Monday, March 21, 2011

Hello McFly!

I recently sat down and watched Back to the Future again. While no doubt being a great movie, I had never realized just how great it was.

Don't get me wrong, no one would ever argue this is a bad movie (except for possibly Libyan terrorists). But this time I began to click on all the small things which make it just that great.

A great place to start would be the music. There's the one overpowering motif that everyone knows, and yet it's so very simple that you could whistle it without a problem. And the first three chords even work as a built-in cue! Plus what I'll call the Biff motif, most prevalent at the moments where he has the upper hand on our plucky heroes (the skateboard chase, the final car scene, countless times in the sequels). It's a fast-paced tension-builder piece, capable of resolving into the main motif powerfully. Then add in a couple of upbeat Huey Lewis songs, and you've got a soundtrack. Did you know Huey Lewis is the judge who tells Marty his band is "just too darn loud"?

Next, the plot is so well wrapped up that it feels like they thought of everything. Off-hand, it'd be difficult to come up with a real plot hole (I dare you to find one). Meanwhile the plot gracefully dances around what could be very dangerous territory: the reverse-Oedipus. Yet somehow it treats it lightly enough to be hilarious, all the way up to "it's like I'm kissing my brother".

Also, all the small consistencies make the movie great. Partly the little changes over time: Twin Pines Mall to Lone Pine Mall, the section of the clock tower that Doc Brown broke. Partly the well wrapped themes: Biff treating George the same in the original present as in the past, nearly word for word; Marty too afraid of rejection to send in a demo tape, like his father and his writing; Marty dealing with Lorraine's prudishness, only to find out she was quite different as a teenager; and the ever present "If you put your mind to it, you can accomplish anything". Then the multiple anachronistic jokes: Tab, Ronald Reagan, Calvin Klein, JFK, and don't forget Darth Vader. Meanwhile, I'd never fully realized just how "adult" this movie is. The peeping tom, the "reefer addicts" (band), and the final scene with Biff at the car. Every part of the movie has a point, and together they add up to create characters you actually want to see win.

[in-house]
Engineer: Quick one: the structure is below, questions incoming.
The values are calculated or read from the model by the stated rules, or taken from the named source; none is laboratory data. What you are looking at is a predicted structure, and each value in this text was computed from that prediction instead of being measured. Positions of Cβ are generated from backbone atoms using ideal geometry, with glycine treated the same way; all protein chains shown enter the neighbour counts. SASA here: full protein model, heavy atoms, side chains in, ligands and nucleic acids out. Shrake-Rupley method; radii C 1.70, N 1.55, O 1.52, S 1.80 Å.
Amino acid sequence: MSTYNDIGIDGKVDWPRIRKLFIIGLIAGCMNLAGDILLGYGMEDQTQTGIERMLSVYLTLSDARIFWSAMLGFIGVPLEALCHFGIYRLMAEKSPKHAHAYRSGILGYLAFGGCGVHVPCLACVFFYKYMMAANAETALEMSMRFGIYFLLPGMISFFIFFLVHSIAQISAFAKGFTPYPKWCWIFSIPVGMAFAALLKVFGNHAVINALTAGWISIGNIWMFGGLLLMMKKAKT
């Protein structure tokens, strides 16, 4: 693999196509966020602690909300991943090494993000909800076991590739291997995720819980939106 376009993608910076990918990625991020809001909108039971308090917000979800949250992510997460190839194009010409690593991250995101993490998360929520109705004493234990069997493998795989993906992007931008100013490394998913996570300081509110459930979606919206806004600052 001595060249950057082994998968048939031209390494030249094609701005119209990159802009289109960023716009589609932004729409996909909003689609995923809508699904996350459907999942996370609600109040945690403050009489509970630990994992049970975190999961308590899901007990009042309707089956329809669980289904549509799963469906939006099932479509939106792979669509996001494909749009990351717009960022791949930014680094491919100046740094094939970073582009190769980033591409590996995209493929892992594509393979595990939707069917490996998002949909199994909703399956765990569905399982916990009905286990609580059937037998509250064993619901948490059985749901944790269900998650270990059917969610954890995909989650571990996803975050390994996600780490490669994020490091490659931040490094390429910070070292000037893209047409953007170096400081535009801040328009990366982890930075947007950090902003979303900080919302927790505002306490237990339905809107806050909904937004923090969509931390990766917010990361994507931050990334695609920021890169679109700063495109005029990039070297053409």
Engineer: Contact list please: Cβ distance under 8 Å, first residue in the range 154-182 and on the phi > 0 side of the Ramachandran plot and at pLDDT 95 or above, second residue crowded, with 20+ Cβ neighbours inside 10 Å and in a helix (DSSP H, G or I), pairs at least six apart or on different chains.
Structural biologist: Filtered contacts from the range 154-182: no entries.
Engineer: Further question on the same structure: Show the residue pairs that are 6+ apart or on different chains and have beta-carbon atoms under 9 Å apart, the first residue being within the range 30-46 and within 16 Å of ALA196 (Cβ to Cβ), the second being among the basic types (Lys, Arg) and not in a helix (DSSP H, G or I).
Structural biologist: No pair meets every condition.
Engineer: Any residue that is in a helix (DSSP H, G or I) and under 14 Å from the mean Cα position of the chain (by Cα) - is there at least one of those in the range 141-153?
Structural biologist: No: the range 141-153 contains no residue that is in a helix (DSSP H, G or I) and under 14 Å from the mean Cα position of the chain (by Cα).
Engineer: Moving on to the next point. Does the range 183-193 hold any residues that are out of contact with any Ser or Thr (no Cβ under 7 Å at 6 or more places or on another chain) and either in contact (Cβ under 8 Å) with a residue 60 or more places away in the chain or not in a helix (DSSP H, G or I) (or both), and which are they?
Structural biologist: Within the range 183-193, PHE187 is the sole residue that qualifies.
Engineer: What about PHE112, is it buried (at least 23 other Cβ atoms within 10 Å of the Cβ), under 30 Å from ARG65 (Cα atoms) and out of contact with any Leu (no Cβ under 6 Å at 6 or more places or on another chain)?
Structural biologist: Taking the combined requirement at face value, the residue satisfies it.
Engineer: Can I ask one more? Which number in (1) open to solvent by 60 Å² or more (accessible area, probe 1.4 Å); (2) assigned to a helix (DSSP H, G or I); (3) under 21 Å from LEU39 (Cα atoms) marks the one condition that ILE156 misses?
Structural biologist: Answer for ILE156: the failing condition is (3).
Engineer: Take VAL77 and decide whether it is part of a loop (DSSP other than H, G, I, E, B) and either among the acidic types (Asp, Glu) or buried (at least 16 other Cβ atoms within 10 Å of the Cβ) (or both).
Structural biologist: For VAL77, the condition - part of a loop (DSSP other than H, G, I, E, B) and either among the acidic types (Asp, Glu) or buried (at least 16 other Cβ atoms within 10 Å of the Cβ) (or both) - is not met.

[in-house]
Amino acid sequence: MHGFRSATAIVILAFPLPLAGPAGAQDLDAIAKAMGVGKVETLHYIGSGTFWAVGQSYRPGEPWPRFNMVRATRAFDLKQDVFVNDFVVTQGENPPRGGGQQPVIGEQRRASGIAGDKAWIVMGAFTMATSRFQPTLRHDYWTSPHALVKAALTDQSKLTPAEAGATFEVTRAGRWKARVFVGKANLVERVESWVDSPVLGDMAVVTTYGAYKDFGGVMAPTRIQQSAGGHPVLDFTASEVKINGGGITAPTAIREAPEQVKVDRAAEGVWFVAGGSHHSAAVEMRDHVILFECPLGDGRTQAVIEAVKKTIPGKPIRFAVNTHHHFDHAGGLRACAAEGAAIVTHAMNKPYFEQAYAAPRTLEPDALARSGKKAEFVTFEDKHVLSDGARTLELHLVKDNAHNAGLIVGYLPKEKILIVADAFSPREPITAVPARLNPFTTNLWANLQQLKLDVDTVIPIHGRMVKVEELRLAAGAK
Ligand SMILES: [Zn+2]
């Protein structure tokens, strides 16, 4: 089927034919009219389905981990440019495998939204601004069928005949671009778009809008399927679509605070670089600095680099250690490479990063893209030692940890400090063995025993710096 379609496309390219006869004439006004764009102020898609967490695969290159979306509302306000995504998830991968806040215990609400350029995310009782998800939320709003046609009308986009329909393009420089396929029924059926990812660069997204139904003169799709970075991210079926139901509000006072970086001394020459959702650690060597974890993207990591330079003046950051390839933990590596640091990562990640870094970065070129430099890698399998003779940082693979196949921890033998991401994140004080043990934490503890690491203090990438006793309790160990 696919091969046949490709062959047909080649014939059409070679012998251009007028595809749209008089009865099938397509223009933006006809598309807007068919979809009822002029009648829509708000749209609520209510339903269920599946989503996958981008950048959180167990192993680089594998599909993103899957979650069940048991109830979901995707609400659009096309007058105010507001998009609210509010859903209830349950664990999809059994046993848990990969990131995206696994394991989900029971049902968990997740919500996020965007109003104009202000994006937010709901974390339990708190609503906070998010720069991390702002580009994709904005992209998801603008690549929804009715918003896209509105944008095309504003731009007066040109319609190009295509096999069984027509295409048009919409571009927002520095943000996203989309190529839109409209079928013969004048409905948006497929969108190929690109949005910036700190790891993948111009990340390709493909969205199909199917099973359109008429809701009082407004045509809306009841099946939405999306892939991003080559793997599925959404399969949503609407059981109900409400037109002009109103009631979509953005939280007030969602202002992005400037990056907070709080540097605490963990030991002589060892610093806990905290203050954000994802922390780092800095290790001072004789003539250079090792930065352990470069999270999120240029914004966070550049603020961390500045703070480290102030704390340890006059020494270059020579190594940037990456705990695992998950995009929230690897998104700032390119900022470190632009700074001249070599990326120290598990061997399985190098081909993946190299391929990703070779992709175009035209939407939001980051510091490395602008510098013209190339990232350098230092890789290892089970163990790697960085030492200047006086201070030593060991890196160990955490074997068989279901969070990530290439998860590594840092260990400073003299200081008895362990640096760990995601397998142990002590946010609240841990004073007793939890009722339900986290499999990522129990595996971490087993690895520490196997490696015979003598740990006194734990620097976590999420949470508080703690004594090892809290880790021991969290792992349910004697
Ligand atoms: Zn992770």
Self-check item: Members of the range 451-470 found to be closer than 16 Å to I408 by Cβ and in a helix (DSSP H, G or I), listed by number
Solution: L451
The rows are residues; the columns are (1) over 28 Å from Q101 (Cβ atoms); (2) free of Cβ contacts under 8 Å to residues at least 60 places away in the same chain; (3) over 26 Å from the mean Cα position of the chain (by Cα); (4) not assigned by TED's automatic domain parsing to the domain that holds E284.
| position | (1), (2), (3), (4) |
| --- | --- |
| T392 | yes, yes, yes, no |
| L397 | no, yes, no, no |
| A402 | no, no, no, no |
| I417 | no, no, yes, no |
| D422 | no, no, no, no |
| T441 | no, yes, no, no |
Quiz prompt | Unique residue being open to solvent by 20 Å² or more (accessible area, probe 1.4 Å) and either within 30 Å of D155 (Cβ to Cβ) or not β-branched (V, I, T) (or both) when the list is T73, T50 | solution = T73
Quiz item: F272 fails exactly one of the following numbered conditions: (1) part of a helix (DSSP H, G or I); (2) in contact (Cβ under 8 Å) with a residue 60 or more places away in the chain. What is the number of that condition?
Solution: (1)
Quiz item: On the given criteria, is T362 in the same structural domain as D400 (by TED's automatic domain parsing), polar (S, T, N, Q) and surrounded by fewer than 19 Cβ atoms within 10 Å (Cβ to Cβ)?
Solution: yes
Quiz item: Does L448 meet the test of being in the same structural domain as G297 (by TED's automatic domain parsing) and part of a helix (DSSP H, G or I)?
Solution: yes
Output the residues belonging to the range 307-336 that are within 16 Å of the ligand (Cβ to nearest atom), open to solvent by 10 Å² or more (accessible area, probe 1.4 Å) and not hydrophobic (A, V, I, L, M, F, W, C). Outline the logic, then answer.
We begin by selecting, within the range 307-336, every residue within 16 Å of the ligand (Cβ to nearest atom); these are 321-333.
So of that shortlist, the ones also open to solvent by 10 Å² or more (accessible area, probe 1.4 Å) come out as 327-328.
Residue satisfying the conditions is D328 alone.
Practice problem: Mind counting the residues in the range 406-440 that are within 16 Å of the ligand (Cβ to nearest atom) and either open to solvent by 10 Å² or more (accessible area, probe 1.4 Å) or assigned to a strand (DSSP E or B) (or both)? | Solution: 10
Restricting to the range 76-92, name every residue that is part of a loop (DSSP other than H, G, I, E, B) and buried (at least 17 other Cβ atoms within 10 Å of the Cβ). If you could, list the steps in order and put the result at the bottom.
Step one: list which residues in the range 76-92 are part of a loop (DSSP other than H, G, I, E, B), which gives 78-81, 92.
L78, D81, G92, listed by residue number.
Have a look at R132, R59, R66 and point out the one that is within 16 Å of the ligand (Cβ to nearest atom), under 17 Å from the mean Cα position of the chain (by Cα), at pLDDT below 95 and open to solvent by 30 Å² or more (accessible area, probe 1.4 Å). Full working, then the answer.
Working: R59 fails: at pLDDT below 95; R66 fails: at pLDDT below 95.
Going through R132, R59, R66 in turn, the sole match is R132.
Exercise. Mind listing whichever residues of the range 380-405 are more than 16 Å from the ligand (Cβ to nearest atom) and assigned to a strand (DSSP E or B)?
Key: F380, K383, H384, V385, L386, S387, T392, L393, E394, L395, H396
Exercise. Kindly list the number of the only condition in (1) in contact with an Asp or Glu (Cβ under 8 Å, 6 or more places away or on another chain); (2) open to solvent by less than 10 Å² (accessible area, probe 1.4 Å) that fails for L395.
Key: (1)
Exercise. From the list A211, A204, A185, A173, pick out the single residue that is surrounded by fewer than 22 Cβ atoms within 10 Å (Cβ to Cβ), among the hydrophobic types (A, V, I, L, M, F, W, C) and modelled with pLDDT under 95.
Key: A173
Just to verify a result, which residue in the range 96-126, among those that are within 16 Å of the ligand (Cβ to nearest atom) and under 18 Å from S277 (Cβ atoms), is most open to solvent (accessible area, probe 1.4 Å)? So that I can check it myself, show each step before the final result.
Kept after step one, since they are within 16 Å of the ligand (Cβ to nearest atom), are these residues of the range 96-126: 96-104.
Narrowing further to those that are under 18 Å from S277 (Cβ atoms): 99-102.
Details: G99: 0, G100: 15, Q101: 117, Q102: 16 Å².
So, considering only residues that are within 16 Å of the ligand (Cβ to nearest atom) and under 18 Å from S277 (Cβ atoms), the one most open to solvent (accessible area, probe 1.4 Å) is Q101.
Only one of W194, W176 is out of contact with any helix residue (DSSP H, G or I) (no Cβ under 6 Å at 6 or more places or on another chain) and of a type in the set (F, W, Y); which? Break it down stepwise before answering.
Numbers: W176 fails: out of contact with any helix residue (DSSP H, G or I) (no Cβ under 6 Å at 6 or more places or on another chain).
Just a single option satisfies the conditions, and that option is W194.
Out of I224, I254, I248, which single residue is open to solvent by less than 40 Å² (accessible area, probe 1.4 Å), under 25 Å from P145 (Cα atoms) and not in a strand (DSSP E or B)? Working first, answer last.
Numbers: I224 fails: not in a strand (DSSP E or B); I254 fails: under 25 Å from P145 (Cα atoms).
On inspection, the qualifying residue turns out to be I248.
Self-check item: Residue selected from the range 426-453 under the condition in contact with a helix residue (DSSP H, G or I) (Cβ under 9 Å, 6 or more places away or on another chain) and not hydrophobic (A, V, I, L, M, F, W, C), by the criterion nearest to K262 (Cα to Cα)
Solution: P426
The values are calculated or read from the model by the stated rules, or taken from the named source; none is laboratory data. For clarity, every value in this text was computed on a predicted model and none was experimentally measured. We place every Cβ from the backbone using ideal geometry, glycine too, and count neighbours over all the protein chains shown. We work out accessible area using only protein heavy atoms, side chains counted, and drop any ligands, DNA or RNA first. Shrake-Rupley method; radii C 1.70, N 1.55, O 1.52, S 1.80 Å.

From Marty, who finds everything heavy; to Lorraine, the pretty girl who everyone wants to go out with; to George, the well-meaning geek; to Doc Brown, the scatterbrained scientist with a penchant for making jokes. Actually, believe it or not, "Jigowatts" was the preferred pronunciation of gigawatts back then. Thanks to this movie, it will forever be my preferred pronunciation. And I didn't forget about Biff, who strikes that perfect amount of sadism expected in a bully.

Lastly, the film excelled in it's finale. It didn't just have to get Marty back to 1985, it had multiple other lines to tie up: George v. Biff, Marty v. the Kiss, Marty v. the DeLorean, Doc v. the Clock Tower, and Doc v. the Libyans. And it checked them off, one (or two) at a time. It's somewhat amazing because for the most part the enemy was really time itself: Marty making sure they kiss before he disappears, and then getting the DeLorean started so he can be make it to the wire. Doc fighting the Clock Tower to beat the lighting strike, and then deciding to learn the future to save himself from the Libyans. The only real villain: Biff, and what a villain he was! In fact, I think I'll leave off with the George and Biff confrontation just so you can enjoy watching Biff get his comeuppance while George saves the day.

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